Don’t worry – none of this is spoiler stuff. It all happens at the very start of the book, and it doesn’t let up. As well as investigating people trafficking, there’s the question of the identity of the writer MI5 and 6 are interested in. There’s also a call for help from the widow of one of his men killed in the first book, to help dispose of a gun, and some Arabic-looking paperwork. Why did he think this pile of old papers had value? And there’s still dissatisfaction in some heads, especially Toni Fellowes’, as to the official reasons given for the deaths in the first book…

Do you have to have read the first book? No – because what happened is helpfully laid out in an official report near the start of the book. I found it a useful reminder too.

There’s loads going on here, as you can tell, but it all clicks together beautifully – Johnson showed potential as a writer in book one, but I didn’t expect to see such a huge leap in terms of complexity. I was quite blown away. As ever, you get the impression Johnson has been there, done it, and got the T-shirt – or scars! – to prove it. Again, there’s no technical overload. The subject matter is topical still, sadly – despite the book being set in 2001. I think people trafficking is the most heinous crime – worse than some murders. Johnson makes a great hero – easygoing and funny. And wife Jenny’s there again, with solid support – a typical Army wife. Can you tell yet I enjoyed it??!

Plus…you can see book three is going to be bloody fantastic! So will we see each other here, end of March, 2018? I hope so!

*I worked in the central enquiry unit, really just a call centre for the entire Scottish Government and civil service. And I hope I’m not breaking the Official Secrets Act if I tell you that you got randoms phoning, asking to speak to the First Minister. Daily. Sigh…

Don’t miss it!

I received a copy of this book from Karen Sullivan and Anne Cater at Orenda Books in exchange for an honest review.

What I’m Reading And Watching – Suellen Dainty

So, post no. 201! And crimeworm is being incredibly nosy today – not that that’s unique! I think all of us like to know what people are reading, from our favourite author, to our fellow bloggers, and even those random people you see on the bus or Underground. So today, as part of the Blog Tour for the fantastic psychological thriller, The Housekeeper, the author Suellen Dainty is telling me what she’s been reading, and what she’s got coming up…some more great titles you may want to put on your TBRs – or maybe they’re already there!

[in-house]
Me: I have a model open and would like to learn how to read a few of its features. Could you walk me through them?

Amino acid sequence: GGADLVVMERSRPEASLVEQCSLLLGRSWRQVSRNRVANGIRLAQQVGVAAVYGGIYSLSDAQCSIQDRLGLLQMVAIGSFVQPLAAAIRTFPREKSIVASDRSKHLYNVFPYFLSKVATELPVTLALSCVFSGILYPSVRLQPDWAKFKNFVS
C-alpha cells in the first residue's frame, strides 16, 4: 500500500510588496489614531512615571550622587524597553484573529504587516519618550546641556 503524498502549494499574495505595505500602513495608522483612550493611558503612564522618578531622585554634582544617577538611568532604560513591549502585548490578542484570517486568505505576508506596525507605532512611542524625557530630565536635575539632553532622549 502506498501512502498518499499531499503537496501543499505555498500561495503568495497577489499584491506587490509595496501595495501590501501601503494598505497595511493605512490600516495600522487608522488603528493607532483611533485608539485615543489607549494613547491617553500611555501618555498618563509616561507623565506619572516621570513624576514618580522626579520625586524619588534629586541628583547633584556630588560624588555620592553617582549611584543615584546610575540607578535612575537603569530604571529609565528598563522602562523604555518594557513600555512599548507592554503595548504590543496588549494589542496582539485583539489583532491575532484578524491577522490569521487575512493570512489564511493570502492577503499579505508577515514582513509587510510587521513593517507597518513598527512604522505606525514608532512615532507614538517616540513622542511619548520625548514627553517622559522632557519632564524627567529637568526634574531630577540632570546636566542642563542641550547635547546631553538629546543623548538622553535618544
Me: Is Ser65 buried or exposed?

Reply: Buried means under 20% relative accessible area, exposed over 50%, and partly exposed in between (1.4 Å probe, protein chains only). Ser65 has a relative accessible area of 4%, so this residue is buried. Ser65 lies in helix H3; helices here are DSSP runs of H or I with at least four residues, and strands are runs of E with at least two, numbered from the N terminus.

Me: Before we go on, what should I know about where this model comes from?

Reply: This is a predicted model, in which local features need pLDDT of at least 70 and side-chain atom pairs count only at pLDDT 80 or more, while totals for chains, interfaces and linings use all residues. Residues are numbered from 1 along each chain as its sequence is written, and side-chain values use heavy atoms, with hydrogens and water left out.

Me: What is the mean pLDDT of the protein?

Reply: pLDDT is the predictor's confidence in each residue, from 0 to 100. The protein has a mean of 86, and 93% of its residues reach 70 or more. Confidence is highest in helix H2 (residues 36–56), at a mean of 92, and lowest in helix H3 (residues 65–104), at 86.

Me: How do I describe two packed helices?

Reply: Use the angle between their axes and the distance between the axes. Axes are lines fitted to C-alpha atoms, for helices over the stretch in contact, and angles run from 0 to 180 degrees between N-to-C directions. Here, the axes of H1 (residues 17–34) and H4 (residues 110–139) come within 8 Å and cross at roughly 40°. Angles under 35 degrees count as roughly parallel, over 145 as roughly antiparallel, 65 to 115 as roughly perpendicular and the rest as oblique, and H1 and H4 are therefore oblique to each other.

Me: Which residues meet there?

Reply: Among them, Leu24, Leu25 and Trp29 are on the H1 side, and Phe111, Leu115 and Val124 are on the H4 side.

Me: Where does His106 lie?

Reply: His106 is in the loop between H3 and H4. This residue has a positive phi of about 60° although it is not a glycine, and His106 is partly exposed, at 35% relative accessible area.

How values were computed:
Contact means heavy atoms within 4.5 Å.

First, though, let’s hear about The Housekeeper – which is – WARNING! – highly addictive! Review to follow.

Product Details

BLURB: “I am the housekeeper, the hired help with a messy past who cleans up other people’s messy lives, the one who protects their messy little secrets.”

When Anne Morgan’s successful boyfriend—who also happens to be her boss—leaves her for another woman, Anne finds herself in desperate need of a new job and a quiet place to recover. Meanwhile, her celebrity idol, Emma Helmsley (England’s answer to Martha Stewart), is in need of a housekeeper, an opportunity which seems too good to be true.

Through her books, website, and blog, Emma Helmsley advises her devoted followers on how to live a balanced life in a hectic world. Her husband, Rob, is a high profile academic, and her children, Jake and Lily, are well-adjusted teenagers. On the surface, they are the perfect family. But Anne soon finds herself intimately ensconced in the Helmsley’s dirty laundry, both literally and figuratively. Underneath the dust, grime, and whimsical clutter, everyone has a secret to hide and Anne’s own disturbing past threatens to unhinge everything.

For fans of Notes on a Scandal and The Woman Upstairs, The Housekeeper is a nuanced and psychological drama about the dark recesses of the human mind and the dangerous consequences of long-buried secrets.

Q : What great books (or films/TV) have you read recently?

A: I loved Elaine by Ottessa Moshfegh – beautifully written, immersive atmosphere and a mesmerising, if very unreliable, narrator. I also re-read Heart of Darkness by Joseph Conrad, because I liked it so much when I was younger. It hasn’t dated at all. Like millions of others, I was fascinated by Hanya Yanagihara’s very hefty novel, A Little Life. Friends cancelled engagements so that they could keep reading this. Half way through, I was setting my alarm clock so I could read for an hour before the day began.